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7. Computer controlled machining

In this weekly task we had to do something big, meter scale big. I’ve never worked on such a large CNC machine so this week will be interesting. I decided to make a bar stool. I used Fusion 360 for the design. Why a bar stool? My colleague is making a bar table so I decided to make a bar stool to have the whole set.

Individual assignment

For an individual task, I decided to make a bar stool. I used Fusion 360 for the design. I opened Fusion and set some parameters first. We had a plywood that was 15 mm thick and measuring 1250 x 2500 mm.


First I started drawing seat. I set the diameter to 350 mm and the extrusion is set to 15 mm. I was thinking that one leg fits into the cutout of the other.


After extrude, I got the result as in the picture. The next step was to draw the other legs of the stool.


I drew the other leg, and I put the groove on the opposite side from the last. In 3D it looks like this.


For better stability and support for the legs while sitting I made a hoop. The hoop will contribute to better stability of the chairs, and at the same time legs can be placed on it.


Now that I have all the parts of the bar stool I decided to deal with the details related to the milling process. The problem with milling is that any time we want to cut out an inside angle, we need to keep in mind that we can’t reach all the way into an inside angle with a rounded bit. This comes up frequently when making furniture or any type of joinery. You can see it in a picture bellow.


To fix this I need to modify joint a little bit. I need to add T-bone and dog-bone fillet. I first cut a cross on the seat so that the legs could be inserted. I put T-bones on the ends. The result is shown in a picture


After that I did the same for both legs. In some instances I used a T-bone, and somewhere a dog-bone fillet.


The dog-bone fillet I made by drawing a line from the corner at a 45-degree angle. I set the distance from the corner to the center of the circle d/2 (in my case it is 6 mm, because I use a 12 mm cutter).


I applied that to the other leg as well.


This is what the finished bar stool in 3D looks like.


I need to export the file in dxf format. I made a plane measuring 1250 x 2500 mm and placed all the parts on it. I used the joint and move command to arrange the parts next to each other. This will make it easier to export to dfx format.


Now it’s time to work on milling machine. We were working on Gauss CNC Router that has a working area of 2500x1300 mm. Material that we used was a plywood 2500x1250mm and 15mm thick.



We placed a plywood on CNC. Below plywood there was mdf plate. When the cnc works then it mills a little bit of mdf pad underneath. CNC Router comes with wireless remote. You can see it in a picture bellow.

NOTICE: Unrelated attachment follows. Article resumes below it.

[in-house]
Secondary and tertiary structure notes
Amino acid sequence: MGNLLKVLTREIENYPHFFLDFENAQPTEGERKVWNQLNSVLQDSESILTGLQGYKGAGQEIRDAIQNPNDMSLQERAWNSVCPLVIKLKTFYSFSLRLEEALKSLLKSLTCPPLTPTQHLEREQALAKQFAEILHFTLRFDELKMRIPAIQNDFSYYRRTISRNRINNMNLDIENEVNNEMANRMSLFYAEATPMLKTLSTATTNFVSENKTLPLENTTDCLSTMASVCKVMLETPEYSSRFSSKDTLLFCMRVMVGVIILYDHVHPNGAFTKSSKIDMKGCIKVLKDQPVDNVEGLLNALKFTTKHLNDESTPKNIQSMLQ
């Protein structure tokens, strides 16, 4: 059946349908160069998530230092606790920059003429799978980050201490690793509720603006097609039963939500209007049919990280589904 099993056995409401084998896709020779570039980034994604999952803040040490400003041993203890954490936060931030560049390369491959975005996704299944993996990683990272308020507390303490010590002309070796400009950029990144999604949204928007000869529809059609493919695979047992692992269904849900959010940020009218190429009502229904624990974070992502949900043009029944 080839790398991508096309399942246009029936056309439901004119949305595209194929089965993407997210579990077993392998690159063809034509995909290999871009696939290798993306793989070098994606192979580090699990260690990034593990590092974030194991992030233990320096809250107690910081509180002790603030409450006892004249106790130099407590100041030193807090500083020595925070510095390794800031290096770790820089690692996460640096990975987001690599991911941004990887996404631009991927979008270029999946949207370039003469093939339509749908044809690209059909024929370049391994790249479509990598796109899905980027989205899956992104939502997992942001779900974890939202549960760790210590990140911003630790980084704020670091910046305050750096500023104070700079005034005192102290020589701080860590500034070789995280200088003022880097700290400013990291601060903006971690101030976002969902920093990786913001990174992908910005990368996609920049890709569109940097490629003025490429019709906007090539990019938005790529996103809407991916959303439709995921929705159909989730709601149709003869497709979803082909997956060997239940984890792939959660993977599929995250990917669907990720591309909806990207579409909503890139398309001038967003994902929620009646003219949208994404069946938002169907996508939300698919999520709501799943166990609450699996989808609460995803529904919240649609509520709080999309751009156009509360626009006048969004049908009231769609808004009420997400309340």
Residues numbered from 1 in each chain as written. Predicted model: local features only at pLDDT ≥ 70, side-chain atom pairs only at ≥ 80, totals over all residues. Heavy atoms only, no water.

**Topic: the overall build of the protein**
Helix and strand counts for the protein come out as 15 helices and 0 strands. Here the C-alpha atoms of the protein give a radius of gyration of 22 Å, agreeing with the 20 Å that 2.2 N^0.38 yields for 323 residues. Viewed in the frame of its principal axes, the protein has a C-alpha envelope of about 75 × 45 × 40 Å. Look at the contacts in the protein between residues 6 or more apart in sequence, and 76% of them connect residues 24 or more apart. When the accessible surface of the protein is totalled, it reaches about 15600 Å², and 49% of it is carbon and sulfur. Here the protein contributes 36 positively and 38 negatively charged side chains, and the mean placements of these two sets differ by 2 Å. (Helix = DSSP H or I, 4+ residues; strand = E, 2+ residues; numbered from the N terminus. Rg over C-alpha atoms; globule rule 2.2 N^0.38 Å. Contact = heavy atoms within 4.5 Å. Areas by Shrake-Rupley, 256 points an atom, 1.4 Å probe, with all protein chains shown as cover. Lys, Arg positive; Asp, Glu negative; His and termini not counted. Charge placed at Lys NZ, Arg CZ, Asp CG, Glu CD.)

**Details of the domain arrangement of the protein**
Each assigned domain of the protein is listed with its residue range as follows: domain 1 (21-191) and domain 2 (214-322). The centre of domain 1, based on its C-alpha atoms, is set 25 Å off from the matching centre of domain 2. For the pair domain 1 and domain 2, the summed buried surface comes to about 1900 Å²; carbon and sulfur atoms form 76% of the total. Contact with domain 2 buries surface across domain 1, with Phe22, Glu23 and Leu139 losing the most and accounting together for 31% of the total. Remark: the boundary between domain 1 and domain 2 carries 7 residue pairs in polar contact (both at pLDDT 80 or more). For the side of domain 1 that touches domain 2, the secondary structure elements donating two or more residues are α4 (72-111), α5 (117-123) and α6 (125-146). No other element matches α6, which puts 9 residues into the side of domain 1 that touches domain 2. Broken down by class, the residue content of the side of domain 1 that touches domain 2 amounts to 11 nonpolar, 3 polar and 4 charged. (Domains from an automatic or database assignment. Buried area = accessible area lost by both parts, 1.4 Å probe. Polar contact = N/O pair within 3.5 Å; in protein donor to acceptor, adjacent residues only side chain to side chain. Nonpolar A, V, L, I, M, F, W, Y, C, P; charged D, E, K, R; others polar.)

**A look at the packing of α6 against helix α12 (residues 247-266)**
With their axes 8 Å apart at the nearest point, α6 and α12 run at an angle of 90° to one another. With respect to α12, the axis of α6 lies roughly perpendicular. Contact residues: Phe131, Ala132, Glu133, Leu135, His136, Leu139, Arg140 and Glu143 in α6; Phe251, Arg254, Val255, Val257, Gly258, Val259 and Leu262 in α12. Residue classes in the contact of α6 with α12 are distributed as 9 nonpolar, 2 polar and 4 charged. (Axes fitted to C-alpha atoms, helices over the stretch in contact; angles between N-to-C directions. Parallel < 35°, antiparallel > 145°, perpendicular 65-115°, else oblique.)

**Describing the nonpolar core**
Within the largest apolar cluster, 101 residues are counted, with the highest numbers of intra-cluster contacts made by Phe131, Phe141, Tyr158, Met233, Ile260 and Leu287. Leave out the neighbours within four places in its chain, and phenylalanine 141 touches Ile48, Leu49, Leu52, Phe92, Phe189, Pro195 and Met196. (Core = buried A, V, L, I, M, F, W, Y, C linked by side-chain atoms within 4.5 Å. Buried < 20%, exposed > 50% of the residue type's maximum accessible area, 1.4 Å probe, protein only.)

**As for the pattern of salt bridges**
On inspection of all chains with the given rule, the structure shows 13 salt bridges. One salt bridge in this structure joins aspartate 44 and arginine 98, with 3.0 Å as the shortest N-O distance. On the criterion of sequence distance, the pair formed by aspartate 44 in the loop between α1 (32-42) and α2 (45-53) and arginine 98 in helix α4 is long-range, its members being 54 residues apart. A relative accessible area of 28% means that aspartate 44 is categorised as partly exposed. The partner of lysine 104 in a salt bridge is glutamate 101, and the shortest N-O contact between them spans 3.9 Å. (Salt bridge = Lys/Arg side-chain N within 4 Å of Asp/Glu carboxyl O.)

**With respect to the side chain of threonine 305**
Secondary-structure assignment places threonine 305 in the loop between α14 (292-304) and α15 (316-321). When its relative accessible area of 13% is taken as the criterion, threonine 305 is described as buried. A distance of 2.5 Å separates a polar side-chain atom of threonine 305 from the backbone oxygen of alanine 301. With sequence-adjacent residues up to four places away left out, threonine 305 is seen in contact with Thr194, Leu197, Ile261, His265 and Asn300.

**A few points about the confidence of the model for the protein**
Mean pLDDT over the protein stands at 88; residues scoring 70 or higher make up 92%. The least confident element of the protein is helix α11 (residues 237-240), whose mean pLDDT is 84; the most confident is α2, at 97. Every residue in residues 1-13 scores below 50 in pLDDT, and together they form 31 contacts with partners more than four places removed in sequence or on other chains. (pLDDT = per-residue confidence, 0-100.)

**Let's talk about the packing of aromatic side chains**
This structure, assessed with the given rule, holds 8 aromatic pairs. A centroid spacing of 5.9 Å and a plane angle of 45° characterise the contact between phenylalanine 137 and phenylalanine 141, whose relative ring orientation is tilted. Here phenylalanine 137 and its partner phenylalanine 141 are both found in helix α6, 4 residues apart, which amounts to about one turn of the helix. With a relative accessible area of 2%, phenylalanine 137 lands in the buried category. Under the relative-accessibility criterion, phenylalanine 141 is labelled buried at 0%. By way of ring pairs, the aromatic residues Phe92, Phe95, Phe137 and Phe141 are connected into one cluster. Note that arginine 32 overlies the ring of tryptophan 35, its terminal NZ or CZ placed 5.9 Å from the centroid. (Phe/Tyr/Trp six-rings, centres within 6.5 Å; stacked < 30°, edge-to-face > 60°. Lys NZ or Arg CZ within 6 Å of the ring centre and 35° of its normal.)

For the fixure we have two options, clamps and screws.


I used screws to secure the board. This method of using screws should be better for such large boards.


For the tools we used 12mm end mill. You can also see the V-style end mill in the picture. It is used for engraving. My colleague Tatjana used it to engrave the table surface. I didn’t use it. Software that we used for CAM process and controling the CNC machine was Aspire from Vectric that can be found here.


I loaded the file that I previous saved as dxf file into Aspire. Now it’s time to set parameters. First thing that I set was end mill parameters.


The end mill is 12 mm in diameter, spindle speed was 22000 rpm, plunge rate 40mm/s and feedrate 70mm/s. After a bit of experimentation, we took those values. The following figure shows the parameters for the 2D profile toolpath, ie inside and outside parameters.


Cut depth was set to 17.5mm. This means that the end mill will also cut out the mdf located under the plywood. Number of passes is set to 2, because end mill can’t do cutting in just 1 pass. For the outside path I set climb direction. I also added smooth ramps to toolpath and set distance to 50mm. Why ramps? A vertical plunge may cause the cutter to overheat, as debris has no way of escaping to be collected by the waste extraction. This will reduce the life of our tools and possibly scorch the material, as well as the machine bed. Inside parameters was silmilar, except for tool direction, it was set conventional. I also set thickness of material and starting point.


So that is set. We can now view CAM animation and if we are satisfied, we can start milling.

We started CNC machine and started milling.



We can view realtime gcode.


This is how it turned out in the end


Time to assemble. There were no problems. All parts sits in place because plywood thickness was 14.91mm. In design I set grooves to 15mm.



My colleague Tatjana made a table. You can see everything together in the picture bellow.


Group assignment

For the group assignment we had to test the runout, alignment, speeds, feeds, and toolpaths for our machine. We decided to mill out two 70x70mm squares with corner fillets. We cut one square with the inside toolpath and the other with the outside toolpath. We did this so that we could compare the accuracy of the two toolpaths and also see if the cut out square would fit in the square hole. We wore all the necessary protective equipment.


You can see measurments of both part in a picture bellow. Machine tolerances are 2 to 3 tenths of a millimeter.



We tested if it would press fit. It did after some sanding and hammering.


Some notes…

We did not add a dog-bone fillet for these two pieces. It would be easier if we did. Next thing, we had to hold all the parts we cut with our hands at the end of the cut. We were able to solve this by including in the parameters, Add tabs to toolpath. In that case the pieces would remain in place after cutting.

Design files for download

Last update: April 13, 2021